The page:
By the 1300s, when the Aztecs are believed to have found the ruins of Teotihuacán, the ancient city had been abandoned for some six centuries. The Aztecs gave the city its name (pronounced tay-oh-tee-wah-kahn), which can be translated roughly as “The City of the Gods” in Nahuatl, the Aztec language.
Goméz and his team of archaeologists and workers have been excavating the tunnel, which runs some 330 feet from the Ciudadela to the center of the temple. They found that the original entrance, located a few yards from the sinkhole, was apparently closed off with boulders some 1,800 years ago, meaning whatever was inside had remained untouched since. The team moved slowly and carefully through the tunnel, removing some 1,000 tons of earth as they made their way. By late 2015, they had recovered some 75,000 artifacts, ranging from seashells, pottery and jewelry to animal bones and even fragments of human skin.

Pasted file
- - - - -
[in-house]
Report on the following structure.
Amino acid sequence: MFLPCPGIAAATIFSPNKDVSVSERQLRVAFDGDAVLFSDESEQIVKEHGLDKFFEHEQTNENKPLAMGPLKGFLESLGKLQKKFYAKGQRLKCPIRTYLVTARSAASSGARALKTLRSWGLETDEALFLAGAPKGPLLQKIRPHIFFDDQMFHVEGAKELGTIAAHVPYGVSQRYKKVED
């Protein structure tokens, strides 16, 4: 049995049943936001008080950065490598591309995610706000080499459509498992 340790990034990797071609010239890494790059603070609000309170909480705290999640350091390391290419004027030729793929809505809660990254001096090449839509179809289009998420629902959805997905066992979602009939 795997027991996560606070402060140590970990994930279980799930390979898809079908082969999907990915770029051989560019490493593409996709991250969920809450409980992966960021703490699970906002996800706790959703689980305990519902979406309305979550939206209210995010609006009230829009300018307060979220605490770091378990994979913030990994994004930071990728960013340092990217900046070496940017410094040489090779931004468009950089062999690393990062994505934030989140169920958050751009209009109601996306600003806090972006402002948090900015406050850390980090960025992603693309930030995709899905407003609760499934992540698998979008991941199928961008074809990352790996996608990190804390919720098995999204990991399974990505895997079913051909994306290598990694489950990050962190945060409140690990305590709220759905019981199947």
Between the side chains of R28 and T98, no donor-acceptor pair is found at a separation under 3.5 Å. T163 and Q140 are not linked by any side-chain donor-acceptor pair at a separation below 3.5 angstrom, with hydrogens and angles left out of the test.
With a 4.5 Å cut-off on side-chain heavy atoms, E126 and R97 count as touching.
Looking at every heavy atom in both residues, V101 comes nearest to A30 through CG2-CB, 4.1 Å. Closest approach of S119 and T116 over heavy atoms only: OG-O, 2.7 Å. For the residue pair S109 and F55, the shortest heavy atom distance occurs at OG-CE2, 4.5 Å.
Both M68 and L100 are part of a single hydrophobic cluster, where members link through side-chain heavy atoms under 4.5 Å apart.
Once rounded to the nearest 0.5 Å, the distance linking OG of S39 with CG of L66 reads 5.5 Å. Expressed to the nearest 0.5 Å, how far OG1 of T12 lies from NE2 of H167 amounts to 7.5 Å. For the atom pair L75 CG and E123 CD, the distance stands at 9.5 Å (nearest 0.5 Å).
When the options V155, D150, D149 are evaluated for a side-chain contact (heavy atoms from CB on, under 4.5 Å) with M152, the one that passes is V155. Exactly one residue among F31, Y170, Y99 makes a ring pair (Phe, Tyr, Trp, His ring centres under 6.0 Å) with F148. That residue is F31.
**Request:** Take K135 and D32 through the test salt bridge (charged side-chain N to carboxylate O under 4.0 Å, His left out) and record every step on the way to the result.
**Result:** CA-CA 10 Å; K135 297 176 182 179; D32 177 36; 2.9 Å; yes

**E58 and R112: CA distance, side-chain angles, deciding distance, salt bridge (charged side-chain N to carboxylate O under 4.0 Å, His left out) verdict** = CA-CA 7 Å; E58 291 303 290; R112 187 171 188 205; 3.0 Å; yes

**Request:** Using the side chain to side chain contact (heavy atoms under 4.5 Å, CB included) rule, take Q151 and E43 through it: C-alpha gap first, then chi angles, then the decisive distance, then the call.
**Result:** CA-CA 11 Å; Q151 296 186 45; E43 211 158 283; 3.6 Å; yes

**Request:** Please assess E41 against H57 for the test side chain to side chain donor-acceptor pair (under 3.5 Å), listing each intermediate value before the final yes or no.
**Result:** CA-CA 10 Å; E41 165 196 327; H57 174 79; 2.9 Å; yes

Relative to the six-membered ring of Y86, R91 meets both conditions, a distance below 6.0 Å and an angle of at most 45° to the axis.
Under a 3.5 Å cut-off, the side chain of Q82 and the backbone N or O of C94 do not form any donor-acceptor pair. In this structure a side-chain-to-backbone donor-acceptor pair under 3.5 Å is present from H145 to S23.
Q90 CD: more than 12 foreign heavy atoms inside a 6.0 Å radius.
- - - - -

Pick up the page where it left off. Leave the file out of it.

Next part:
When the archaeologists discovered that the tunnel ended in a large cross-shaped chamber containing piles of jewelry and other statues, many hoped they were on the verge of discovering the treasure-laden burial tomb of some as-yet-unknown Teotihuacano ruler. Inside the chamber they found still more treasures, including necklaces, jars of amber and two finely carved black stone statues, likely figures of worship for the Teotihuacanos. Though Goméz and his team have yet to find an actual tomb, he believes the tunnel and its various chambers, with their wealth of carefully placed artifacts, may represent a kind of symbolic tomb. BY SARAH PRUITT